Are you changing your hand position on the neck without realising it? Generally speaking you'll want your thumb on the back of the neck for the triplet run which is hopefully how you're practicing it already. For the bend you'll have your thumb on the top of the neck which makes me think you might not be going back into correct posture after the bend.

If you're tensing up, spend some time playing incredibly slowly and getting used to doing the motions relaxed. It is honestly probably the single most useful tool for removing physical blocks.


Thanks, that is exactly what I have been doing.

Quote:
Originally Posted by llBlackenedll
Bending/wide vibrato are quite intense and the most physically demanding techniques for guitar; while it's obviously your target to minimise tension, with bends (especially on heavy strings/acoustics) you need to develop the muscles to do it. After a while it will feel virtually effortless and you'll feel completely relaxed. That being said, if your fingers are cramping up it's possible you're not bending right. For bending upwards you should have your thumb over the neck and you should always have the side of your index finger locked to the underside of the neck when bending in order to form a pivot. You also need to ensure that the bending motion comes exclusively from the turning of your wrist and not from your fingers. It feels awkward at first but after a while it'll start to feel natural. Just don't overdo it.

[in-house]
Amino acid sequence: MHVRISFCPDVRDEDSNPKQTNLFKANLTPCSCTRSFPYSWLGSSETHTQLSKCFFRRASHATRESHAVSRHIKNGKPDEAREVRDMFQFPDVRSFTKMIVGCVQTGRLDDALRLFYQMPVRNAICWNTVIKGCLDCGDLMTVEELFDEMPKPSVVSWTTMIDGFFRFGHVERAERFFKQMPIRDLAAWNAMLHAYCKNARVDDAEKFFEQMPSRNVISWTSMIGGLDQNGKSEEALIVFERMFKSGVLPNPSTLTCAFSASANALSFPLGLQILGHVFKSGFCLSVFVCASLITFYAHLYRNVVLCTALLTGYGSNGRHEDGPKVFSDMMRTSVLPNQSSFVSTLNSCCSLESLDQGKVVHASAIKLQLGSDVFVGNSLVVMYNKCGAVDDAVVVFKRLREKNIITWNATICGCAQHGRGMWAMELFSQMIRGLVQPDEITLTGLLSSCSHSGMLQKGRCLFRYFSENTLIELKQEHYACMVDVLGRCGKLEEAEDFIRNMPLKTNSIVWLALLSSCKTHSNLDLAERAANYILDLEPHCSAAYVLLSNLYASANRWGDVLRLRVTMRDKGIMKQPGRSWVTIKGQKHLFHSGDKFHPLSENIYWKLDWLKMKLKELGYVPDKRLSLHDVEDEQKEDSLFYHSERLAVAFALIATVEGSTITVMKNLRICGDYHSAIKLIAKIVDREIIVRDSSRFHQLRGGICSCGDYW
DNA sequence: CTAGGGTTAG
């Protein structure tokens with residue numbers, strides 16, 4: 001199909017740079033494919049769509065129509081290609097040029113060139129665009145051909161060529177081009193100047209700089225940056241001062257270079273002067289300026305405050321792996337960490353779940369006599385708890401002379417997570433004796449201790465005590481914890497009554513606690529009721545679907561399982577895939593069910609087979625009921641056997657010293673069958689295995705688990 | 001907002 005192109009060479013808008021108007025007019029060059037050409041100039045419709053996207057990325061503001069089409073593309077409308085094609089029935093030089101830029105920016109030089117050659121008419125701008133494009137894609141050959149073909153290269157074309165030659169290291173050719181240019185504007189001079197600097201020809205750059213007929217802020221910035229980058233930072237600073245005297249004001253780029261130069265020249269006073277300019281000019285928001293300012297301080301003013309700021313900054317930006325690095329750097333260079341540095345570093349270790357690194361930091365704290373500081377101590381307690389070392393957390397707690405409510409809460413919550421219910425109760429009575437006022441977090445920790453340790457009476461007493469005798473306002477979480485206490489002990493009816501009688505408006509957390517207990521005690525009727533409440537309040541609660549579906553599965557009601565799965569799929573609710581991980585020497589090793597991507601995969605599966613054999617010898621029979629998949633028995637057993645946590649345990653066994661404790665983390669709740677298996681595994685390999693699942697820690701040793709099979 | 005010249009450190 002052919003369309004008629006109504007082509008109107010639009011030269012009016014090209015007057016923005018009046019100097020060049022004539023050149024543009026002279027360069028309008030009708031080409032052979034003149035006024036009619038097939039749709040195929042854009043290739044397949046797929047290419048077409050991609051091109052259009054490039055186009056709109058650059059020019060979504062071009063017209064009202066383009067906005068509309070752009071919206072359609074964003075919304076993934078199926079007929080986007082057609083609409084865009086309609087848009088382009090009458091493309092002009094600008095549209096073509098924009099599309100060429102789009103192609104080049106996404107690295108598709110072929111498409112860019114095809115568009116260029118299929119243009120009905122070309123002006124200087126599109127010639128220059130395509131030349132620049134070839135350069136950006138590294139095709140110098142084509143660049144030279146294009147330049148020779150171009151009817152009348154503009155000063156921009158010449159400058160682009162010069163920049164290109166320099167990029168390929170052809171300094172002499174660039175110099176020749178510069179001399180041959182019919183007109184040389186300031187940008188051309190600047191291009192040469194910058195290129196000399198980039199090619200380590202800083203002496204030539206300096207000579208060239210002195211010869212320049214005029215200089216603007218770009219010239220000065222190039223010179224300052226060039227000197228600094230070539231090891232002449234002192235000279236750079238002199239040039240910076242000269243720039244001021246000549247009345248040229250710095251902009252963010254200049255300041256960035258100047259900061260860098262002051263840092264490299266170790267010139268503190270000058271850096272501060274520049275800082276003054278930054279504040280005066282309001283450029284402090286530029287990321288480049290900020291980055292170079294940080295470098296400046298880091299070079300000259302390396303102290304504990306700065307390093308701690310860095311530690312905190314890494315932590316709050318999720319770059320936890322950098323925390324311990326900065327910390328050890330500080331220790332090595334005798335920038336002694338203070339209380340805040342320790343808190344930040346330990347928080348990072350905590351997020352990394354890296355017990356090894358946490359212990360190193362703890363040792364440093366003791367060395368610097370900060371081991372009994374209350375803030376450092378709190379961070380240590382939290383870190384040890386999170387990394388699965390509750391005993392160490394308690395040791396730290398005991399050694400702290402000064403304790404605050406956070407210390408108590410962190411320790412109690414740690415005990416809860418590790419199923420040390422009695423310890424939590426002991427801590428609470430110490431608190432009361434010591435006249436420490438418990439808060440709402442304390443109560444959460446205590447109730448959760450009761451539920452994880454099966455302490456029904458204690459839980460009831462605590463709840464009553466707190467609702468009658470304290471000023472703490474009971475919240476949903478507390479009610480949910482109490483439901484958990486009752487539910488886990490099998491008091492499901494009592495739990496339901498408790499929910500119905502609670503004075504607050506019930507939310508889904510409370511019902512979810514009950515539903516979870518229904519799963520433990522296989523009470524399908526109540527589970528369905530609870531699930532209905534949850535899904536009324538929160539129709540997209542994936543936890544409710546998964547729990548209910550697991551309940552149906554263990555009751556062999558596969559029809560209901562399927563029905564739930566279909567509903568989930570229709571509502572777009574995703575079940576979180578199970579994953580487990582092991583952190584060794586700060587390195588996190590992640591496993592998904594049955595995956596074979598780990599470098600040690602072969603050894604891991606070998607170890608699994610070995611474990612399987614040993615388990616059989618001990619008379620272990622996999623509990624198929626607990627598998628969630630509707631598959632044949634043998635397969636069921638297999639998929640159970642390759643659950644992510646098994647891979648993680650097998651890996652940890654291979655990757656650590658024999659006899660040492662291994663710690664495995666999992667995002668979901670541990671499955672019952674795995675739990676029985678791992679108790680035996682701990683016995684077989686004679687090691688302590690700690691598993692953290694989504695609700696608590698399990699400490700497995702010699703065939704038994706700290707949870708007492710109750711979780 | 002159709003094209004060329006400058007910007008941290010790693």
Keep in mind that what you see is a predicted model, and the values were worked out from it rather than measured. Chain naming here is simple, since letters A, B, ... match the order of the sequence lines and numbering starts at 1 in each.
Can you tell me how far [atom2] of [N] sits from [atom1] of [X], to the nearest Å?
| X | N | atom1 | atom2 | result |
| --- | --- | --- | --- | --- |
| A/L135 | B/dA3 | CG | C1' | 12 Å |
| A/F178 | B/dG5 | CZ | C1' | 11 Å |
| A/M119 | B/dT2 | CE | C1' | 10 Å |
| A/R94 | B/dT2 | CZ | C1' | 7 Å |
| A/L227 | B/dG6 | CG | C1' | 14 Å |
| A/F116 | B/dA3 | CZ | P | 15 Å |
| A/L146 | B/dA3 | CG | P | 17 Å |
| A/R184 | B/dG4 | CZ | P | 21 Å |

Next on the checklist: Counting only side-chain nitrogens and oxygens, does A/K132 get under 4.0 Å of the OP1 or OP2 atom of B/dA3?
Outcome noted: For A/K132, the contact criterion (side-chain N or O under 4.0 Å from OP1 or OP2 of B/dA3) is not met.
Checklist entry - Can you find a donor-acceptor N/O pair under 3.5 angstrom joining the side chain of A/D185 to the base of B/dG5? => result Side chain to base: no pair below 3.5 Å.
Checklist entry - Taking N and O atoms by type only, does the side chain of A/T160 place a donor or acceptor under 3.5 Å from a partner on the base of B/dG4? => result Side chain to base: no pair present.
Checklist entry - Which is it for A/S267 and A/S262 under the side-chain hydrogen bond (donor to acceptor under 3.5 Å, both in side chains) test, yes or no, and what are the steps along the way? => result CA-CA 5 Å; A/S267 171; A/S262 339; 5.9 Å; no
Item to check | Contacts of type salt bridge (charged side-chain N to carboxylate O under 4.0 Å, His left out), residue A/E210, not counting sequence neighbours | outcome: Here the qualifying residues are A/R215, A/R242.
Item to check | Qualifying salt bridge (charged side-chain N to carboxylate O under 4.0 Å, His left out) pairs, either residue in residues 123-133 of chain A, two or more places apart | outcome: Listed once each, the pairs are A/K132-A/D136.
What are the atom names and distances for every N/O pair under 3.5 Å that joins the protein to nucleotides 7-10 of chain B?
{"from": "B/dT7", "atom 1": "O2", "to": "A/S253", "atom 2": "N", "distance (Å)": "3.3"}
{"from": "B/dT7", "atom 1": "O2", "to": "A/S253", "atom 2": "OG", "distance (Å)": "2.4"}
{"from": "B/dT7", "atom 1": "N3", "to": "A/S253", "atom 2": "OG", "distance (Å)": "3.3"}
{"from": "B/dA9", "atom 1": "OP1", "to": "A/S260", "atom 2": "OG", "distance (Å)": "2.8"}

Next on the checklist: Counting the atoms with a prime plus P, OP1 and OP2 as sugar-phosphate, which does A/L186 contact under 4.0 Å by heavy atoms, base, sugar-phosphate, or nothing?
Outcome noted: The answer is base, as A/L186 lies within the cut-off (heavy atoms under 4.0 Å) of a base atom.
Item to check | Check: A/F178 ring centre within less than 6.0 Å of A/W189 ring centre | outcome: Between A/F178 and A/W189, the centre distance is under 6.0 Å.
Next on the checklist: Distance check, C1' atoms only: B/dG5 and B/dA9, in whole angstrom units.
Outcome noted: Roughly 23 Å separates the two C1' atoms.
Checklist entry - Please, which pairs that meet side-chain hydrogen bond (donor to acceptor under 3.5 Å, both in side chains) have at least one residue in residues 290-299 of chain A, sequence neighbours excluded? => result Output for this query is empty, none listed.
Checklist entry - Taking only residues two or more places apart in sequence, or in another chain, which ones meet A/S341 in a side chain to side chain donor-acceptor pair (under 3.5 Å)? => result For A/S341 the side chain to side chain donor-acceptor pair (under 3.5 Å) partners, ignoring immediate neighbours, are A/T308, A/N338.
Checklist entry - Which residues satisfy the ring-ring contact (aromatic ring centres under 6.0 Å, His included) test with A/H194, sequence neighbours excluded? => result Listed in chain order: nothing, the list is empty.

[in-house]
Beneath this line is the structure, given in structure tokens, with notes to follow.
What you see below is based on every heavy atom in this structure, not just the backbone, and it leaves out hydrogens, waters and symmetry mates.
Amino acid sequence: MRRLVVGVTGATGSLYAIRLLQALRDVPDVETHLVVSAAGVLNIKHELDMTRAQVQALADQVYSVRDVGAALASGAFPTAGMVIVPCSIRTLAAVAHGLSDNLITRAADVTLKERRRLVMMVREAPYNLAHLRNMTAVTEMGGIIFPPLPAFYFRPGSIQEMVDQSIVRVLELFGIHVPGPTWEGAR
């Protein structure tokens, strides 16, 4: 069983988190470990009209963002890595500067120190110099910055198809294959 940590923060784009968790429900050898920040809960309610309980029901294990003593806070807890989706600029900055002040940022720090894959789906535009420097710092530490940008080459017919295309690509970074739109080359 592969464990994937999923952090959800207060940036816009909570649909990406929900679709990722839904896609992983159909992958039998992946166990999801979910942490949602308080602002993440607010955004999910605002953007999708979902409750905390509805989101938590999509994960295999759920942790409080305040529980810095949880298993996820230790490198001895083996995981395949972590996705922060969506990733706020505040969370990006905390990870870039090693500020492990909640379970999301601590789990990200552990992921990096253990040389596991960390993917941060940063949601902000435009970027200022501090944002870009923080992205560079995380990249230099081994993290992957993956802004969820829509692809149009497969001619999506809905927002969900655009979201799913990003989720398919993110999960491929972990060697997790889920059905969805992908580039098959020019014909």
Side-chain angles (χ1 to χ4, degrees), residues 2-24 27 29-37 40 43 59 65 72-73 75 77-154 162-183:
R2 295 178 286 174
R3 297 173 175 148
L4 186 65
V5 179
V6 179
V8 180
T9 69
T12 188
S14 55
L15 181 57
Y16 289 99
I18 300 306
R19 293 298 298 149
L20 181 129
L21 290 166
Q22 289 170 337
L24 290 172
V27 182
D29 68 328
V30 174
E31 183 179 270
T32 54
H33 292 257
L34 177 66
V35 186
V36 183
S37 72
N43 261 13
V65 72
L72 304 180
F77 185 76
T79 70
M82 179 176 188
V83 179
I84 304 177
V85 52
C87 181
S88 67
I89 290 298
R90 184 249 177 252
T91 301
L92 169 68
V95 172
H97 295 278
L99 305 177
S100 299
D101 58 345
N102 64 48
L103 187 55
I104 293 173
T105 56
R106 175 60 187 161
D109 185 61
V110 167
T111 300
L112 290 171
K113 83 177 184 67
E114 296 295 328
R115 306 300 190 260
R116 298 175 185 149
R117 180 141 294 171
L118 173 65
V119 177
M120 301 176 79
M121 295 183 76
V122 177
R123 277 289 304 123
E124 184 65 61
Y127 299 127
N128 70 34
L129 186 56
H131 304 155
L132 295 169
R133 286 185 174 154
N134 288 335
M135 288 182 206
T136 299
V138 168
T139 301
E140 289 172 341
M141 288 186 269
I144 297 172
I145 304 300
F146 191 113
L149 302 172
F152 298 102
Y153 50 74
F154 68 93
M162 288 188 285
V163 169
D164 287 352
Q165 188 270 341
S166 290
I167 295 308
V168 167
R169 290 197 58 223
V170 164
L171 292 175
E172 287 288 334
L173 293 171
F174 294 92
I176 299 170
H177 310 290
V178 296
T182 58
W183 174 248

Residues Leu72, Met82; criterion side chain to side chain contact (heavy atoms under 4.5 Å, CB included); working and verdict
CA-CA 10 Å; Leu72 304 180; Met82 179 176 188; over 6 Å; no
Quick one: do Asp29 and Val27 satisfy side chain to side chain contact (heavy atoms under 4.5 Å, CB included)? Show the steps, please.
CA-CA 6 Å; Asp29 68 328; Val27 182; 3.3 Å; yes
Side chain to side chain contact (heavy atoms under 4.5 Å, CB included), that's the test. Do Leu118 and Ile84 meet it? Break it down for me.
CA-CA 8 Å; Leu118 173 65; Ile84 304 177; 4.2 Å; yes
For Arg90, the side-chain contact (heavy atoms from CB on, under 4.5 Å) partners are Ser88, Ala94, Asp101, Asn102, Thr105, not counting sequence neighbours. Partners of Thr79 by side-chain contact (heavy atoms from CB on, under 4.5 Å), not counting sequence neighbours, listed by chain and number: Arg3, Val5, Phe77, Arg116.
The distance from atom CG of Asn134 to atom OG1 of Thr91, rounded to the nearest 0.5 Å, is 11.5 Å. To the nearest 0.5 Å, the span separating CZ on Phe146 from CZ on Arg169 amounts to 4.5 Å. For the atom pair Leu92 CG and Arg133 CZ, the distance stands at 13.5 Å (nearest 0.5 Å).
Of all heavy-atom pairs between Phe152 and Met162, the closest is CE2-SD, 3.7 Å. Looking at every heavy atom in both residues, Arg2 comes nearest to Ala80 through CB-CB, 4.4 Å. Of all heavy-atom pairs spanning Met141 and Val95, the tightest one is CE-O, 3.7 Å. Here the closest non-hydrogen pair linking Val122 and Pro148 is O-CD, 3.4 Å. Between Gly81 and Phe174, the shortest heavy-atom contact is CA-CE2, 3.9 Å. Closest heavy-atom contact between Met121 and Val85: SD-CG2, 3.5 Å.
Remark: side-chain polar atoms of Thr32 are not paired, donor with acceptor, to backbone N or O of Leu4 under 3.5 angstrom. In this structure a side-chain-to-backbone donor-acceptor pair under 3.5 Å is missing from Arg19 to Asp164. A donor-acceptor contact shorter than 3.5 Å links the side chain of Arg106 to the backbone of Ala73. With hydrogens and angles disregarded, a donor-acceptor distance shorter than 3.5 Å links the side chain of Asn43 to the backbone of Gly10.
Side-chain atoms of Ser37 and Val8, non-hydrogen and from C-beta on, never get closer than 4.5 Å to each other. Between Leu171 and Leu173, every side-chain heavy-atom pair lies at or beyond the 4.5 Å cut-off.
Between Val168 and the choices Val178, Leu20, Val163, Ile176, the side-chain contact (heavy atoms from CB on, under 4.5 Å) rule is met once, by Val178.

It's possible I haven't been turning my wrist while bending, thanks for the advice. It's so easy to over look these things.